Original mass-market paperback books in its heyday is interesting. For the past two years, I have been learning some of that history belonging to a Men’s Paperback discussion group. Len Levison, Lou Cameron, Marvin Albert, Ralph Hayes, and Peter McCurtin are some of the writers from that period.
Peter McCurtin (1929-1997) was Irish born, transplanted to America where he was an editor at Tower-Leisure Book and writer. He wrote in crime, adventure, and western genres in the 1970s to early 1990s.
One series he wrote for Leisure Books in the late 1980s was “Gatling” under his “Jack Slade” pseudonym. Six Gatling books came out in 1989 to 1990. Gatling is McCurtin’s take on the late 19th Century American adventurer series. Ben Haas’ (writing as John Benteen) “Fargo” was the probably the first and still the greatest as he adventures in the early 20th Century in various places. Lou Cameron wrote the Captain Gringo series. The idea is having an American soldier of fortune using new weapons in rough areas. Bolt action rifles, smokeless powder, the first automatic pistols, machine guns are generally part of the mix.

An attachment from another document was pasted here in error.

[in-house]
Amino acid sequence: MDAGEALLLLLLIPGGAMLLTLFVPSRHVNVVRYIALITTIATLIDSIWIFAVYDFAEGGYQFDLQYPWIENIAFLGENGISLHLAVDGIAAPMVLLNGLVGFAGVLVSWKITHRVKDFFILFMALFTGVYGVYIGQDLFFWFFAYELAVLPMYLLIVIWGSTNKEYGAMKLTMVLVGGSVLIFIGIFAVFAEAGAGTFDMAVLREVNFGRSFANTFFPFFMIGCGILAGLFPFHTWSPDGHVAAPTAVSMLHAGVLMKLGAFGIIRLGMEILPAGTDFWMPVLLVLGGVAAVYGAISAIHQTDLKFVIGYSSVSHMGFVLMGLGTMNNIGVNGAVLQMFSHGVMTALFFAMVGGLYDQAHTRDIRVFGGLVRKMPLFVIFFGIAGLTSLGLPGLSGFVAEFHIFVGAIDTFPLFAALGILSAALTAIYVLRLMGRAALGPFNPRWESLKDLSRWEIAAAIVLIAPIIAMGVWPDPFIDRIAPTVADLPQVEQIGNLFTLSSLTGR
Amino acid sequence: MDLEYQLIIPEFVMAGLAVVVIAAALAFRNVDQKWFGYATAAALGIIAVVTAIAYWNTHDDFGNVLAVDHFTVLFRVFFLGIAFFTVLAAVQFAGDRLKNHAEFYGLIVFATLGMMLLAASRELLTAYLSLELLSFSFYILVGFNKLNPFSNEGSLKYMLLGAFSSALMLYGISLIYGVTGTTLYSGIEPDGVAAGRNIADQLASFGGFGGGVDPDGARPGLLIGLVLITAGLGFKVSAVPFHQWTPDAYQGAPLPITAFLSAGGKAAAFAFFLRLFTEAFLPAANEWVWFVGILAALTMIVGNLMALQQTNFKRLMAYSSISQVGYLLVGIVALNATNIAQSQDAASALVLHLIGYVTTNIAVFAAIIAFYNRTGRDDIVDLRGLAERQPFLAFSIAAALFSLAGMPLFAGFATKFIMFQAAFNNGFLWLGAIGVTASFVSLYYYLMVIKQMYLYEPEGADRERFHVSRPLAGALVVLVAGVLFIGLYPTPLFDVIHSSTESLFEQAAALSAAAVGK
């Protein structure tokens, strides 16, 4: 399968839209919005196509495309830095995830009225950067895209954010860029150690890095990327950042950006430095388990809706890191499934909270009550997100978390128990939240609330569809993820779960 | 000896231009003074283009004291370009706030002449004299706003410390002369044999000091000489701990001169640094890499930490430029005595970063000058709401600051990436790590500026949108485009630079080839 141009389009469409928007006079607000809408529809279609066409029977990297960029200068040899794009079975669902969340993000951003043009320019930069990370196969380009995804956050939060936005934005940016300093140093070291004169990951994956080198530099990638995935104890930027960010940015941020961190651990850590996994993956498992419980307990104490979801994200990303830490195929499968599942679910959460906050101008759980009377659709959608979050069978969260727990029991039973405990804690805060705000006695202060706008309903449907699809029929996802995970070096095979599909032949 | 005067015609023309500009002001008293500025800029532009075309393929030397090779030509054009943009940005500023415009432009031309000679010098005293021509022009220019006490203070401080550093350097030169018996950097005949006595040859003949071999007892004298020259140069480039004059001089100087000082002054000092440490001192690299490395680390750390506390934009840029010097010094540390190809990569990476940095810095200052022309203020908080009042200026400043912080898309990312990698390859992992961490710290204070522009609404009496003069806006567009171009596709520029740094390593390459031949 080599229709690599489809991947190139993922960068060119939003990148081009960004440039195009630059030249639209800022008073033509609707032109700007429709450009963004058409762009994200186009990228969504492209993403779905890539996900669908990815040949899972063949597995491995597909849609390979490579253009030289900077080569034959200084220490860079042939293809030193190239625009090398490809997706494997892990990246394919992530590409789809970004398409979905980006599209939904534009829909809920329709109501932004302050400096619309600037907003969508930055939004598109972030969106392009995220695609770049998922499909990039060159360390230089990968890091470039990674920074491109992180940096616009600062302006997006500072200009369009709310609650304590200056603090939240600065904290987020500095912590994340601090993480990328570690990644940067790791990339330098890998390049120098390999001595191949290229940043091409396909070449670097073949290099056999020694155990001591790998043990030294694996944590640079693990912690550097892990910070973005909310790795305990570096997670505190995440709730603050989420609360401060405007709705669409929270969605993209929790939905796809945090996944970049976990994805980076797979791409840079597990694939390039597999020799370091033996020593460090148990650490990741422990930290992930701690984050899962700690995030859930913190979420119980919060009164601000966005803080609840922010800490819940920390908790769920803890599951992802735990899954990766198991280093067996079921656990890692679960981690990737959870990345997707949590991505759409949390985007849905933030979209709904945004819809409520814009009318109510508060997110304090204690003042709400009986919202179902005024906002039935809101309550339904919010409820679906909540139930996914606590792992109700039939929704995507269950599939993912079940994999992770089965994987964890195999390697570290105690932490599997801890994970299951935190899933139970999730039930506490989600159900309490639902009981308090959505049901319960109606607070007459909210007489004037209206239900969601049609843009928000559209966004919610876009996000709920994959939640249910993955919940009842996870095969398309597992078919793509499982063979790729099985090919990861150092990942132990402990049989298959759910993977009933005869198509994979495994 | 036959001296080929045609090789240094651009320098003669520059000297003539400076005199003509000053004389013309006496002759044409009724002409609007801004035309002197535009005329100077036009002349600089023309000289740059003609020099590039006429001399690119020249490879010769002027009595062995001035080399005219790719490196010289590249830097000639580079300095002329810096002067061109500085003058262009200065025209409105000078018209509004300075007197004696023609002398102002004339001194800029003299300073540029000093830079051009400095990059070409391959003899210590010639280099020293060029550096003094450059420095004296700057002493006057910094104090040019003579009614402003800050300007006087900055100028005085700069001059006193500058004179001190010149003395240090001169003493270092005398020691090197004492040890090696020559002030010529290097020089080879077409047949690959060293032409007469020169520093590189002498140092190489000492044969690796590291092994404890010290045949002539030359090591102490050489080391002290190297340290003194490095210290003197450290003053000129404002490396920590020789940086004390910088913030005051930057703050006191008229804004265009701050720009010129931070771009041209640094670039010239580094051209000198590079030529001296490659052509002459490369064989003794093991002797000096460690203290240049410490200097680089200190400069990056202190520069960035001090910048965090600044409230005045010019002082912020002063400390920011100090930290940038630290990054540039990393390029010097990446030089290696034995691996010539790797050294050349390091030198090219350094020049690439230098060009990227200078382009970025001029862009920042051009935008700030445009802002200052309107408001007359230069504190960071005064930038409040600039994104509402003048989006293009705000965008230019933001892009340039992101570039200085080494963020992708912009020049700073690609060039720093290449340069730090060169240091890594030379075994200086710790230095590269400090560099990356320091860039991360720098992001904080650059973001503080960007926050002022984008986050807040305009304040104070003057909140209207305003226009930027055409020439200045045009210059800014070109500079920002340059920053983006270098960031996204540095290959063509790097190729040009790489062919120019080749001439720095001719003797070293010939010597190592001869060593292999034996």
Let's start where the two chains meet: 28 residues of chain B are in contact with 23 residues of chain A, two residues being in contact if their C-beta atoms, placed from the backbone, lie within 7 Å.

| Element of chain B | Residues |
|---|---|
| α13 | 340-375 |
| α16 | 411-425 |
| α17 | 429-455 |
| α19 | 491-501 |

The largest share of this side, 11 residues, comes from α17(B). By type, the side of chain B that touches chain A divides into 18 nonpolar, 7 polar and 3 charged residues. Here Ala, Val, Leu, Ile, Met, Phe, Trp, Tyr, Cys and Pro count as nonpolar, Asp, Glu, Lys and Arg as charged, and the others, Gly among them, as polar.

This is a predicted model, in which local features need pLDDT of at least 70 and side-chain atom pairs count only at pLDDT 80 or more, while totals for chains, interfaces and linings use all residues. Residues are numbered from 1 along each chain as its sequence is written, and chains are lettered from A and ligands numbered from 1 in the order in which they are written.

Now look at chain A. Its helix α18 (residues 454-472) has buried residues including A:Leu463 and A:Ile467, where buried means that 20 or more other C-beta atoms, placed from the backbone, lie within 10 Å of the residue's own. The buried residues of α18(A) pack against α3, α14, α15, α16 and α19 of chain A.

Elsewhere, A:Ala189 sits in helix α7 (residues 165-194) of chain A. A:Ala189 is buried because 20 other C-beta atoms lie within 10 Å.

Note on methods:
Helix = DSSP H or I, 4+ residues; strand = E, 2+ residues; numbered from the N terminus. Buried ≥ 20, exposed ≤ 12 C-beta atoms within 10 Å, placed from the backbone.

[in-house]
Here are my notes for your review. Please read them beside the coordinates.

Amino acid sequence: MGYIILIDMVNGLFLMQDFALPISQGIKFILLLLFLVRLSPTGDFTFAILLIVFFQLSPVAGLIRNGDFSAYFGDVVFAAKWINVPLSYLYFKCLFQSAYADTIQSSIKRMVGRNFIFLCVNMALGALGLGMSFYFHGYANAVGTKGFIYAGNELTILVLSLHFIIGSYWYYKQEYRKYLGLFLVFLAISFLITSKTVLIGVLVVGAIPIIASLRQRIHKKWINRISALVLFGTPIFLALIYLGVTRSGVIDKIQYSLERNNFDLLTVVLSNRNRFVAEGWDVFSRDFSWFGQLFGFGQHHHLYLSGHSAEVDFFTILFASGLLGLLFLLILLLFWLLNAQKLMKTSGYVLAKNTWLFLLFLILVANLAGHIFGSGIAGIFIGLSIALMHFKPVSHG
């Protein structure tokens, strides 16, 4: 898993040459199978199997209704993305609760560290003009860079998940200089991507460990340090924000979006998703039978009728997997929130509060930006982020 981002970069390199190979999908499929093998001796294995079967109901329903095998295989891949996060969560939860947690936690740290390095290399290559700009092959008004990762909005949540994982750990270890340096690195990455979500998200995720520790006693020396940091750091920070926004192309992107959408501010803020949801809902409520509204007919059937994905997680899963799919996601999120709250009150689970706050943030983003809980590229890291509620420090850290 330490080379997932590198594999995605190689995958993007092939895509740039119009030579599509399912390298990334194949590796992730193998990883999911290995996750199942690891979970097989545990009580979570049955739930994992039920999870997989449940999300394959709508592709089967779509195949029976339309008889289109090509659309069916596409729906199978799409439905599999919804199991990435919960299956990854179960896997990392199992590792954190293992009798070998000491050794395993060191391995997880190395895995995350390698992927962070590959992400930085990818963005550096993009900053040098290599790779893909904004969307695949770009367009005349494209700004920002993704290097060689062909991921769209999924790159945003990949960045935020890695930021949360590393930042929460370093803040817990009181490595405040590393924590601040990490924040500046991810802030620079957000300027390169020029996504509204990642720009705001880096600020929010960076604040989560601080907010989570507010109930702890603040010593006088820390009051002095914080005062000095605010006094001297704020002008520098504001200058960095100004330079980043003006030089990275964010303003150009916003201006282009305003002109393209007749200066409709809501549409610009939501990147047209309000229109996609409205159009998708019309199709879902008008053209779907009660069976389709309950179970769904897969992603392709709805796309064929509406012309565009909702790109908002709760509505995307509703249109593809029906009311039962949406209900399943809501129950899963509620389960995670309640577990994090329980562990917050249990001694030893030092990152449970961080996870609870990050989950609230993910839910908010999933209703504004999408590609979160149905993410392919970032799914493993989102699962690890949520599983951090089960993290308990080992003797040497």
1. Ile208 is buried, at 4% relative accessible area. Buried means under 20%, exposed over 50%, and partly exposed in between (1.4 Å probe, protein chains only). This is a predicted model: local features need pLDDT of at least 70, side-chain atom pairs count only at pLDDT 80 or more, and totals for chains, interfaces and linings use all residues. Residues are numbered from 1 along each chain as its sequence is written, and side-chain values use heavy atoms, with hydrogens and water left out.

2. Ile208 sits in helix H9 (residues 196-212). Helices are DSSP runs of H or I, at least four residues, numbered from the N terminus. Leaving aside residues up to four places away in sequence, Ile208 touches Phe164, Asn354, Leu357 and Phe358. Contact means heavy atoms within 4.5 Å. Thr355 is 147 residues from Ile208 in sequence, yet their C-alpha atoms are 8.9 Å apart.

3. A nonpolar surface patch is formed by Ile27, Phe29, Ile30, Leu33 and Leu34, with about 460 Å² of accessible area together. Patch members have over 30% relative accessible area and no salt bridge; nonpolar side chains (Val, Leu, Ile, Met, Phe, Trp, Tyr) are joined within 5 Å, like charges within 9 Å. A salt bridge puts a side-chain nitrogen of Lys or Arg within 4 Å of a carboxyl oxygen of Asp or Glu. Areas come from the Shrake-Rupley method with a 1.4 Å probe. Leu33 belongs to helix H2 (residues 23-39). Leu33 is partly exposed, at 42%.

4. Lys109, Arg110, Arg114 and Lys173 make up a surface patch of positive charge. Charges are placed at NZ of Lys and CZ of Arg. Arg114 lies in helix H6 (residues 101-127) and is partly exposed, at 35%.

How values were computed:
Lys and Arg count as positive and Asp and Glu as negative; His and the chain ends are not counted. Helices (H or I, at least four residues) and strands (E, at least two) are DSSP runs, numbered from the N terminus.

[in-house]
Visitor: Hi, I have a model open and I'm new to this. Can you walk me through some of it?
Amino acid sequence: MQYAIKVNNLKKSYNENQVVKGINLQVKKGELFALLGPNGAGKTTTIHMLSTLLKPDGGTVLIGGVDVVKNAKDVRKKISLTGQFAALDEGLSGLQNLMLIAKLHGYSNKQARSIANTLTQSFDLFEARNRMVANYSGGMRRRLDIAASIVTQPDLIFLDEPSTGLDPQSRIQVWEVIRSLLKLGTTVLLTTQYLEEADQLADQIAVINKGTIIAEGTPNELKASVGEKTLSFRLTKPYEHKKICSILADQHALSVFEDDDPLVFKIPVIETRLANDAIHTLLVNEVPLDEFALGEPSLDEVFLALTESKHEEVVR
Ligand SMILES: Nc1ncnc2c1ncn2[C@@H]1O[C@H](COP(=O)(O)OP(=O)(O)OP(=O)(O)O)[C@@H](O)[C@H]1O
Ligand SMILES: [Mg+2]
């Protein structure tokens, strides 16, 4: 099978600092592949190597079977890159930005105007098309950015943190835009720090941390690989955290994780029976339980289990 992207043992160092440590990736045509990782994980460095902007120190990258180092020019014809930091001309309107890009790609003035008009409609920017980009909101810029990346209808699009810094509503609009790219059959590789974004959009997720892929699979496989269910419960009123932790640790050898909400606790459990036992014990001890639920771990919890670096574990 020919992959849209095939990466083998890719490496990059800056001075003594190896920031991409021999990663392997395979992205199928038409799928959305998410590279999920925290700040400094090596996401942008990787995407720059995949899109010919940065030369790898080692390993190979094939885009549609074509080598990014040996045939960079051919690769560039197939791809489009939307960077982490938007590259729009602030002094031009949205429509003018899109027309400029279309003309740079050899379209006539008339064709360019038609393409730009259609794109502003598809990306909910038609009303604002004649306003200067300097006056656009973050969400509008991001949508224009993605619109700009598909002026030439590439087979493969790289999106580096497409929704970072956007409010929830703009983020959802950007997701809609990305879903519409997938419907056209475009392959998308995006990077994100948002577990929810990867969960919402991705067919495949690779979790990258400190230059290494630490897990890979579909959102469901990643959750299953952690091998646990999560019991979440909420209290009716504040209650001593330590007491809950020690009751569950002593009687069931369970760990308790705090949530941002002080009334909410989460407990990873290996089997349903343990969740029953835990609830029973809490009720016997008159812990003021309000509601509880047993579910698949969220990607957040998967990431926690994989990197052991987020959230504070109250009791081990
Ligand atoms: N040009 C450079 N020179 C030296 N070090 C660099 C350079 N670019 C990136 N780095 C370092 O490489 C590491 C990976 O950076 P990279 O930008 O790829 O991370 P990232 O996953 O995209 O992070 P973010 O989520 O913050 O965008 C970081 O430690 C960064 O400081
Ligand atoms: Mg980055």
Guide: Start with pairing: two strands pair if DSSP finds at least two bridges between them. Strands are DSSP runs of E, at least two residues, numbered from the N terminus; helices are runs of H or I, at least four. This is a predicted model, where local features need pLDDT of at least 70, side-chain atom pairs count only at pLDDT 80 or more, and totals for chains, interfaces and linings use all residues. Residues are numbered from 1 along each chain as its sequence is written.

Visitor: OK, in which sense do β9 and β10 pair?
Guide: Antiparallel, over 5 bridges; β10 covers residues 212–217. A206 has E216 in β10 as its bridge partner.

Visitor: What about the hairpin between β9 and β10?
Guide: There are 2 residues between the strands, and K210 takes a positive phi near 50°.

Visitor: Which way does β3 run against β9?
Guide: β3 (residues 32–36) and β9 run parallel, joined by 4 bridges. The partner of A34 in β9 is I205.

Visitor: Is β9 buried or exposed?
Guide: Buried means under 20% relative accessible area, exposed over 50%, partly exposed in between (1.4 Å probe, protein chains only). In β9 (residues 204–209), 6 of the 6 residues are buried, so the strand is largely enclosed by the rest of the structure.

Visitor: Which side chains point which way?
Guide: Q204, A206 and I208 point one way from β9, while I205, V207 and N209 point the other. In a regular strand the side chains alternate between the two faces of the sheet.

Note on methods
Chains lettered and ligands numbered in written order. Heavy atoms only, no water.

South of the Border takes place in 1888. Gatling works for Hiram Maxim and his company providing new weapons to try out. In this case, an engineer leads a surveying team across Panama to explore the idea of building a canal. It is Gatling’s job to provide fire power.
Author James Reasoner had said the Gatling series is very politically incorrect and is it ever!
“Gatling knew there wasn’t a Marine there that didn’t want to give her a good hosing.”
McCurtin has a creepy homo-sexual male secretary for the engineer and uses some very 1980s colloquial terms for homosexuals. The characters also use various derogatory ethnic and racial terms in dialogue. McCurtin’s terms for sex are funny.
The novel is classic men’s adventure paperback at around 70,000 words. There is some PG-13/ R rated sex and plenty of action. Gatling disposes of an assassin with on the ship to Panama. There is a firefight with some low-level criminal mercenaries, a fight with Indians, another bigger fight with the main mercenaries sent to kill them, and a fight with Panamanian rebels.
Gatling uses a light Maxim machinegun, a Mondrogon rifle, and a new experimental mortar. He also uses a new explosive- “Maximite.”
It all comes in at 170 pages. I still think the Fargo series is the one to beat but Gatling is fun. I will definitely pick up more if I see them in used bookstores. Men’s adventure paperbacks seems so far away now.